“We saw a surge in automated, bot-driven activity during the Saudi-Qatar dispute which started in the summer of 2017, [although] it’s only fair to mention that a lot of bots were used to boost pro-Qatar messaging in 2017, too,” Nimmo said. “So this is not unique to Saudi Arabia.”
That drive was aimed mostly at the Arabic-speaking audience whereas, following Khashoggi’s murder last year, there was a bigger English-language component to the traffic.
In October, the New York Times published an investigation into how Saudi Arabia used Twitter accounts to stifle dissent and silence critics on the social media platform.
“In one conversation viewed by The Times, dozens of leaders decided to mute critics of Saudi Arabia’s military attacks on Yemen by reporting the messages to Twitter as ‘sensitive’,” the report said.
“Such reported posts are one of the things Twitter considers as signals when it decides to hide content from other users, blunting its impact,” the New York Times said.
The same article also alleges that Twitter fired one of its employees in 2015 after the Saudi Arabian government approached that person to spy on the company on the country’s behalf.
So far, Twitter has removed the verified status, including the blue check mark, for at least two of the suspicious accounts.
Al Jazeera contacted Twitter about those accounts but had not received a response at the time of publication. Al Jazeera also contacted Saudi Arabia’s Ministry of Interior for comment.
“Given the ever-expanding amount of evidence highlighting Saudi’s manipulation of Twitter, whether through moles in Twitter’s San Francisco HQ, or through massive troll armies, it is not improbable to wager that these accounts may have been obtained by some nefarious entity for some sinister purpose,” Jones wrote in his analysis on the takeover of the verified accounts.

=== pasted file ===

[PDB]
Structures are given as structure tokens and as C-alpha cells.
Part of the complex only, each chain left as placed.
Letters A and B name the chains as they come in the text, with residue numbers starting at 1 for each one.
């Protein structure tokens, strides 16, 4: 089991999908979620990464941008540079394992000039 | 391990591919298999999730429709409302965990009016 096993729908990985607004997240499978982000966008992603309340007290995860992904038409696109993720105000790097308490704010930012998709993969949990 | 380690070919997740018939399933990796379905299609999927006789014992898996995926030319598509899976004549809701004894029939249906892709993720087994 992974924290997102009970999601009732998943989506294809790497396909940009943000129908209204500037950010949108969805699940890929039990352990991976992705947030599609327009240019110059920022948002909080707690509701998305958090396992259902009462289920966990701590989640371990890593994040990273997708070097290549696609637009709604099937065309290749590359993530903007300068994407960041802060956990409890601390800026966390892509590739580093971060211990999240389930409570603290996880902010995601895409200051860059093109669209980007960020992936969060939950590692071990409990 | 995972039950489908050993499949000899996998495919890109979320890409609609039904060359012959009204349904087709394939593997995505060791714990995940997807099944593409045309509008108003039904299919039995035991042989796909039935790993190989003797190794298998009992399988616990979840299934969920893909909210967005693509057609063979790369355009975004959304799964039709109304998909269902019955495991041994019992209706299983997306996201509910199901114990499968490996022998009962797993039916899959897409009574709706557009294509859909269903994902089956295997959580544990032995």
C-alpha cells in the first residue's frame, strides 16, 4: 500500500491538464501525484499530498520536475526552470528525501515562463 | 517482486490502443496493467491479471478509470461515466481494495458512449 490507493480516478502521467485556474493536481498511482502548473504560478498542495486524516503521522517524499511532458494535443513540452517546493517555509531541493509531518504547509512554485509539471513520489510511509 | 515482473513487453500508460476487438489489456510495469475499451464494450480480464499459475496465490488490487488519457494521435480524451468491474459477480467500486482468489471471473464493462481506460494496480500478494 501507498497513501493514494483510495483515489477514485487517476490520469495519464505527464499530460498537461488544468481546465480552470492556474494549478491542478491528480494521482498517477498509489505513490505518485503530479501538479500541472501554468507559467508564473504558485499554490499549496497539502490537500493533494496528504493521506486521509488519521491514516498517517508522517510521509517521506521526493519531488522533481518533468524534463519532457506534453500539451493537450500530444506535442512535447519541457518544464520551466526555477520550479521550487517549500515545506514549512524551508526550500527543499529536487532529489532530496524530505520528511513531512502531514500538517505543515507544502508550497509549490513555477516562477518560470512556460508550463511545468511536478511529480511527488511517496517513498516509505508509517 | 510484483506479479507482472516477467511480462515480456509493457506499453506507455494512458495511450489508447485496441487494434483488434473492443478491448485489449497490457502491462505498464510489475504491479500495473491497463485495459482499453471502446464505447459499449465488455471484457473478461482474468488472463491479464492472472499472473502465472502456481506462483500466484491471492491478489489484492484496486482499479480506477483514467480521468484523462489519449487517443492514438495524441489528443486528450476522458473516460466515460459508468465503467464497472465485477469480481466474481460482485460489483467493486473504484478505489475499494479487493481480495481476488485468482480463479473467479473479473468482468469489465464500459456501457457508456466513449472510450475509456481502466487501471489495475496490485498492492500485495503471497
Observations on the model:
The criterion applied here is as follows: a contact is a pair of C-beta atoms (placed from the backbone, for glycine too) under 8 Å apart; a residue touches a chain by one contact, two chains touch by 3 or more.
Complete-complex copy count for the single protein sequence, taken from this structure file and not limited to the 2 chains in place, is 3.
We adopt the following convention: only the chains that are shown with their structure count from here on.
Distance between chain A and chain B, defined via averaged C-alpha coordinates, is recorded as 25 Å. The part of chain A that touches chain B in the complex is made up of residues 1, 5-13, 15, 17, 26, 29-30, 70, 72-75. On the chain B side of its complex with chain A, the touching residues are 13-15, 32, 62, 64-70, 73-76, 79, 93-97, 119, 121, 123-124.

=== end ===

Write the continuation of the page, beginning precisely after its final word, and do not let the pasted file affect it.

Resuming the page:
The tactical goal is to get hashtags which support the monarchy to trend, either locally or globally. Once a hashtag trends, far more users will see it
“While such a risky strategy would likely be found out at some point, it is also possible that there are numerous far more credible instances of verified accounts being stolen and used,” he told Al Jazeera.
“Often Saudi strategy is to manipulate Twitter en masse, as opposed to be concerned about the consequences of people finding individual accounts suspicious,” he said.
But, according to Nimmo, the effects of trying to manipulate Twitter in such large numbers might be minimal.
“The tactical goal is to get hashtags which support the monarchy to trend, either locally or globally. Once a hashtag trends, far more users will see it,” said Nimmo.
“At best, they’ll click on it to see the message; at the very least, it can have a subliminal effect on perception. The challenge is that Twitter isn’t a vacuum.”
What’s strange too is that @twcdaveschwartz ‘s account is still verified, but its name has changed since yesterday. It is no longer “فعاليات القصيم’ but just a full stop. So that means someone is doing something to it, just not removing verified status. Odd…
— Marc Owen Jones (@marcowenjones) February 10, 2019
Buying accounts from hackers
Last year, Twitter suspended its verification programme because many users interpreted the blue mark that accompanies verified accounts as an endorsement by the company.
As a result, access to verified accounts has become coveted among hackers, who sell the login information online.
“Verified accounts are a particularly attractive target for fraudsters because the assumption is that it is a legitimate account,” said Nimmo.
According to Jones, it is not unlikely that the pro-Saudi operatives bought access to these pages on one of the many forums where access to hacked accounts is sold.
“Mashable did a report saying people would pay upwards of $1,200 for a verified Instagram account,” he said.
2 / Verification has long been perceived as an endorsement. We gave verified accounts visual prominence on the service which deepened this perception. We should have addressed this earlier but did not prioritize the work as we should have.
— Twitter Support (@TwitterSupport) November 15, 2017